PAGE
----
"Observations on the Road"
When we change the environment to fit our needs, many bird species are able to utilize, adapt, and even expand their range. Geese and ducks graze our golf courses, gulls harvest our garbage dumps, hawks make good use of power poles, and freeway overpasses become bird havens from winter storms.
One cold, rainy day in November we traveled north into a winter storm, feeling lucky to be in our warm, comfortable vehicle. The skies were full of black clouds and squalls of rain..... but no birds! (We always have to look for birds.) Power lines held only a few scrunched birds huddled together against the wet and the wind. When we zipped under a dim freeway overpass... we saw birds.... lined up on the support beams! From that point on, we looked under each overpass and found birds, and most of them were Pigeons. The overpasses were not only for vehicle use, they were "dry and out of the wind - Bird Condos". These feathered city dwellers have learned to conserve energy and hide from predators, utilizing the structures man has created. The next time you are stuck at a stoplight, under an overpass, look up and see who else is sharing this space with you.
You can usually learn something new, when you observe nature. On a Fall trip to Ogden, a few years ago, the power lines by the railroad tracks held hundreds of Pigeons. A rainbow of colors stretched across the lines... every color of Pigeon we had ever hoped to see was on display! Each time we revisit that same area, we look for large numbers of Pigeons, but only see small groups. Was there a grain spill along the railroad track that day, or was it some kind of a bird convention going on? Now I am wondering if the new road construction, with its many overpasses is offering better housing accommodations from cold weather.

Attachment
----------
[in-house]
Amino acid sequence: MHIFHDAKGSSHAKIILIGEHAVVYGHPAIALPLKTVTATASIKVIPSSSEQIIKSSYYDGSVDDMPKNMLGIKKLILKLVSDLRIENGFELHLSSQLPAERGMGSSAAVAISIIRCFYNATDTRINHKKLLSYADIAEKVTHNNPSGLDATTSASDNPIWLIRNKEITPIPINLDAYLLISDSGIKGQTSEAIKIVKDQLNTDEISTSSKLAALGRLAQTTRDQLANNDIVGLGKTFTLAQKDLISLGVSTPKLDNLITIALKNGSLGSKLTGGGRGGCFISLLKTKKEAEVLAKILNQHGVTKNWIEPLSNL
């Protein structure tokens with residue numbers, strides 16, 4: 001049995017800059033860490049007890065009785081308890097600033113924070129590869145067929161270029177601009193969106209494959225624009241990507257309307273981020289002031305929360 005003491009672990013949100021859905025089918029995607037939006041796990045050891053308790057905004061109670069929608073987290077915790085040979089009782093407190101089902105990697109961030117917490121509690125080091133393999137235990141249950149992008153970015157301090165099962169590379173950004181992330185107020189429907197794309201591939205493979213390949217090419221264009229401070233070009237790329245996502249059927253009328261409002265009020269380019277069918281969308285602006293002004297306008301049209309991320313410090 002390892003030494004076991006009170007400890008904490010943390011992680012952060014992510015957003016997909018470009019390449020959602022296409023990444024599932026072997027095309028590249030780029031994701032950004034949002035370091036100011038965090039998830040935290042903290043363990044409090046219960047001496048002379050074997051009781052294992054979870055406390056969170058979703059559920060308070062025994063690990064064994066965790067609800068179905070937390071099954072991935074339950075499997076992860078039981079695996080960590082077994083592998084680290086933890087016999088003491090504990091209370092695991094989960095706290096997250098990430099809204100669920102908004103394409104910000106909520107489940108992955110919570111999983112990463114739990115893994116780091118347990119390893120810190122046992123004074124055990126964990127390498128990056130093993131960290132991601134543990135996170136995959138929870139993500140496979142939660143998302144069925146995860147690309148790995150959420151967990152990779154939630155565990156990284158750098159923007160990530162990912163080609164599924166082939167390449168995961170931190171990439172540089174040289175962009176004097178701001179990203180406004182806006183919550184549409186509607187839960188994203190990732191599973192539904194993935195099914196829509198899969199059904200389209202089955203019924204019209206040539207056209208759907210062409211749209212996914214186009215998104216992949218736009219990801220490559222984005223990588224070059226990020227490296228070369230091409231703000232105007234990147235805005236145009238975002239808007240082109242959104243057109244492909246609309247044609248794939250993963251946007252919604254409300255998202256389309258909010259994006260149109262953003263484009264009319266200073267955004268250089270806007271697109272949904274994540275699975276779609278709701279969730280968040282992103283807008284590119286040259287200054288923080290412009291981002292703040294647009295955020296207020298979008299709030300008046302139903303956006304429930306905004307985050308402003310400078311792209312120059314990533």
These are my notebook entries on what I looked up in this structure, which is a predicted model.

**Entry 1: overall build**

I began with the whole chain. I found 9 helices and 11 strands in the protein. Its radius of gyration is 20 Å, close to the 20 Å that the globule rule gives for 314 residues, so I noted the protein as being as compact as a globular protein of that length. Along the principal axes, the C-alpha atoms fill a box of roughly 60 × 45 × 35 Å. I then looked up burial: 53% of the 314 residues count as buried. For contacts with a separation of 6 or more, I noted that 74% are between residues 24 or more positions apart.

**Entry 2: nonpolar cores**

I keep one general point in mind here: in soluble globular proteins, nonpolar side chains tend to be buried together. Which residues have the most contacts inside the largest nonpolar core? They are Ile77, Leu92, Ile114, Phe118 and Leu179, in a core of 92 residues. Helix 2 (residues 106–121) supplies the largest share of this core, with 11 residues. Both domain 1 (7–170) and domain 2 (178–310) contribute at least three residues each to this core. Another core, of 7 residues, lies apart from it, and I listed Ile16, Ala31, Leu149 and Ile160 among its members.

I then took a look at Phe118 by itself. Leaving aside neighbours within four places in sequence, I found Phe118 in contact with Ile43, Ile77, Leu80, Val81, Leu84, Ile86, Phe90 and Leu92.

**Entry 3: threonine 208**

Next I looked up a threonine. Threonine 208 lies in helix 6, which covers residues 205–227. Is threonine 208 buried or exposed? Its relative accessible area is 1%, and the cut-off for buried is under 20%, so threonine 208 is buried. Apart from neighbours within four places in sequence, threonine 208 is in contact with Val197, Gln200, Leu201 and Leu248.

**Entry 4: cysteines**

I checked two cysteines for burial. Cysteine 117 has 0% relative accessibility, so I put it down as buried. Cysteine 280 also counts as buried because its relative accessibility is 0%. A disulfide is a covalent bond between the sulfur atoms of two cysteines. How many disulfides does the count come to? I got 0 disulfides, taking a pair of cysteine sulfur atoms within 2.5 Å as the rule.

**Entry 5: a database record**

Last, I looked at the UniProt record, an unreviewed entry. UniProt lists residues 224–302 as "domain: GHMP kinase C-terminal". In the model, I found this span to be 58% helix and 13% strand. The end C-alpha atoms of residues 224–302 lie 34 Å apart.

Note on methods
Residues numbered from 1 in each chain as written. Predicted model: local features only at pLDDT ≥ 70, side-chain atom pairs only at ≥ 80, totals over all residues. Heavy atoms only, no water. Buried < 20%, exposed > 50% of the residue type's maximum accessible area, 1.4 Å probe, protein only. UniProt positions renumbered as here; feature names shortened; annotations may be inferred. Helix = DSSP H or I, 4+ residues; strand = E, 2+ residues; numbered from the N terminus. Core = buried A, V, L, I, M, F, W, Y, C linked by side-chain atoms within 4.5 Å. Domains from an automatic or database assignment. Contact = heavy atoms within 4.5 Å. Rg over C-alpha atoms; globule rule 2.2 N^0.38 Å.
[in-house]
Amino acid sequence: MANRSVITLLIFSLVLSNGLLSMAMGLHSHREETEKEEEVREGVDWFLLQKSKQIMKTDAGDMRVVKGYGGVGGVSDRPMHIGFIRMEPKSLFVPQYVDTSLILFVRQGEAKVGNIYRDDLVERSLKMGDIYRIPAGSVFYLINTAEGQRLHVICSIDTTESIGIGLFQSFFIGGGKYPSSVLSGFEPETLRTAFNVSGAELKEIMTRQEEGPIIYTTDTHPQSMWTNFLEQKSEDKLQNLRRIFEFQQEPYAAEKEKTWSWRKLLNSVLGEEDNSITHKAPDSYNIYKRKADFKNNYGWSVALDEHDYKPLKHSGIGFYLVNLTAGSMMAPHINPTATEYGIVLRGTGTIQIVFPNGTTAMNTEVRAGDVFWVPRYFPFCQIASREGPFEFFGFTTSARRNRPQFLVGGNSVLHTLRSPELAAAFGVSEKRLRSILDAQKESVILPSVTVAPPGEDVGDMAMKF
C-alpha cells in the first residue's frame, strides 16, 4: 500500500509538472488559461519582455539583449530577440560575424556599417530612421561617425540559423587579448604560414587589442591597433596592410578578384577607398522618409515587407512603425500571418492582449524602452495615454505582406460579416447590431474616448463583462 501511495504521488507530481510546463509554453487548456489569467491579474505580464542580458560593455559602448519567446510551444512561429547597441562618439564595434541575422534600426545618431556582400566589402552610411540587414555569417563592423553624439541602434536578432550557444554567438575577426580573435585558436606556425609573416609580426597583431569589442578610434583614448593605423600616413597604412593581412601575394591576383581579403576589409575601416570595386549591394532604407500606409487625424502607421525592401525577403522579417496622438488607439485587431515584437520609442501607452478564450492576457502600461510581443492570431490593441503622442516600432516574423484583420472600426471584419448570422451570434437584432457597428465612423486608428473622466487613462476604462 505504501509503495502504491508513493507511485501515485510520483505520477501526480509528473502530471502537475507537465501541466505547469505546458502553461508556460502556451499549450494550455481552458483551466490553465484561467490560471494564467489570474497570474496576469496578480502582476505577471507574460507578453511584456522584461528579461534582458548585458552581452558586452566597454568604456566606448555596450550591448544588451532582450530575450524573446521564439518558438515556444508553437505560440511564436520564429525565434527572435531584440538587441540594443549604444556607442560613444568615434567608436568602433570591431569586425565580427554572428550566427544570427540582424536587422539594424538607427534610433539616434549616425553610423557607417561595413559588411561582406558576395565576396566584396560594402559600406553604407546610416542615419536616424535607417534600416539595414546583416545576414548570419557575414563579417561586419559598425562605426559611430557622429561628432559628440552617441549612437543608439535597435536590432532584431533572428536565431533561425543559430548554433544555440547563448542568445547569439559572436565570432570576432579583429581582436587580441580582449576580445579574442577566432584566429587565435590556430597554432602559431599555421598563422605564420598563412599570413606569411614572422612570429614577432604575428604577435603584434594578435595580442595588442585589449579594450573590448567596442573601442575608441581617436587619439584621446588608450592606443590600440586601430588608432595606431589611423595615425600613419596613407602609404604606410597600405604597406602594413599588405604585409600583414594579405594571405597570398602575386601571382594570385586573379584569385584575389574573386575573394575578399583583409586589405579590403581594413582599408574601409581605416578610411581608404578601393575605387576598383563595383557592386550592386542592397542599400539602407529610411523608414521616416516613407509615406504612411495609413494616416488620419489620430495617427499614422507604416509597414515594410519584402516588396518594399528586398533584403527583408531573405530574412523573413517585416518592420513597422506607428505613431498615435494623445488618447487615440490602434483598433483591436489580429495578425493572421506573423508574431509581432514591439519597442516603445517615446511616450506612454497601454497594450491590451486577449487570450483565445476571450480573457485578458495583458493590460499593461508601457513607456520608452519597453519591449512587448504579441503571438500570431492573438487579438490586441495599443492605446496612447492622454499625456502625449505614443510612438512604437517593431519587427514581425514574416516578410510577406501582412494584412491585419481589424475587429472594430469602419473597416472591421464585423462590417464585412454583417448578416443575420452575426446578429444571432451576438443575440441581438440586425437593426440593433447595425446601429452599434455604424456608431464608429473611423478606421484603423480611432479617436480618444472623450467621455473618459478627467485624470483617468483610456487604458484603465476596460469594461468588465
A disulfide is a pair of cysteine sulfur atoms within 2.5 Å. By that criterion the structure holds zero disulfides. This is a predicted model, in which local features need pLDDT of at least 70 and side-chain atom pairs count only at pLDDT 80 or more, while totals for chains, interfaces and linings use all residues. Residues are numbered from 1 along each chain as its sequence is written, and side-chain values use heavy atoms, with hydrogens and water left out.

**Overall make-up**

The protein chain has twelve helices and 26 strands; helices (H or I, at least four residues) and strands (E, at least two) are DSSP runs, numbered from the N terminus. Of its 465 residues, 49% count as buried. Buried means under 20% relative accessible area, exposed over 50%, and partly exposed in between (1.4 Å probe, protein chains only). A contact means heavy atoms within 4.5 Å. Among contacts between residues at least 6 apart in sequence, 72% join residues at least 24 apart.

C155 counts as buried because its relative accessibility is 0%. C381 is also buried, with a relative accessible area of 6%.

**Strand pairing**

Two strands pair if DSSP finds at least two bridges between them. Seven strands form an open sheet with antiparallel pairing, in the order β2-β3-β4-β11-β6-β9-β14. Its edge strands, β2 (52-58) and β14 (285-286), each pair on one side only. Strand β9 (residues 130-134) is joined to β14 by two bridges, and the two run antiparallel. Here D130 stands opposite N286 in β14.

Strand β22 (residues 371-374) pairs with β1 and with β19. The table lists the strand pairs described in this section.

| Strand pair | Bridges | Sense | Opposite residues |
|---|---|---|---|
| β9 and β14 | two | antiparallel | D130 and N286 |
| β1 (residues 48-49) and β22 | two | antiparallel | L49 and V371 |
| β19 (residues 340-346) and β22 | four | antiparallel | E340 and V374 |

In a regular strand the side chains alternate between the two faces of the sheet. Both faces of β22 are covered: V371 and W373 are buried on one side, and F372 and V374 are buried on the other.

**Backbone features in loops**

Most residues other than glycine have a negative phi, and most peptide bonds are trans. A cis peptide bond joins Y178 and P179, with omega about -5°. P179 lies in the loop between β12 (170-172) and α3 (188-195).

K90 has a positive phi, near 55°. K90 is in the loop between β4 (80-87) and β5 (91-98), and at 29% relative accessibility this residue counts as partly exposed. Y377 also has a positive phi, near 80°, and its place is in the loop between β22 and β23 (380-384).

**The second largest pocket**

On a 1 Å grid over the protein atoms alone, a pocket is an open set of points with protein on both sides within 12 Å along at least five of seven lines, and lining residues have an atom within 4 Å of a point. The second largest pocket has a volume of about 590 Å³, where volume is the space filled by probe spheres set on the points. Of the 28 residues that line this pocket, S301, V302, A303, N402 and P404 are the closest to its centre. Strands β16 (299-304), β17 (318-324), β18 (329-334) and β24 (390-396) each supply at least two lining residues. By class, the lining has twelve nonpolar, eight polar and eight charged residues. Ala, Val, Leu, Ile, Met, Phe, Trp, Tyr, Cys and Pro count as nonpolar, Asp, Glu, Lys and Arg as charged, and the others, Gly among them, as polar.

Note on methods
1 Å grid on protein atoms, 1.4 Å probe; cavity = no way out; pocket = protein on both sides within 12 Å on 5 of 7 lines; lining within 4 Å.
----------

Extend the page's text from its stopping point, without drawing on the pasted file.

The enjoyment of bird watching when you travel adds zest to life. Chance observations may surprise you. We love to watch Rock Pigeons as they rise, soar, roll, and land in unison when we travel. When you are on the road, have fun making new observations of wildlife. The Rock Pigeon has been used by man for food and entertainment for over 5,000 years. They have the largest range of any species: Britain, Ireland, Arabia, Central Asia, Himalayas, Mongolia, Japan, New Zealand, North and South America. Pigeons have successfully followed man wherever he moves across this planet. Most people welcome these friendly birds and have bred pigeons for different colors, for food, and even for their droppings (fertilizer). Because of this tinkering by man, the plumage of feral Rock Pigeons comes in a variety of colors. What color of Rock Pigeon lives in your area?
This week’s artist is Gregory E. White, a young man I met at South Davis Community Hospital in Bountiful, Utah. Gregory loves to draw animals and volunteered to draw this Rock Pigeon. Thank you Gregory for sharing your talent with us.
**Rick Fridel will present "Birds of the Christmas Bird Counts" at our next Red Cliffs Audubon meeting on Wednesday, December 10, 7:00 p.m. at the Tonaquint Nature Center. Come join us and get prepared to participate in the upcoming CBC’s. For more information: Call Marilyn Davis at 435 673-0996.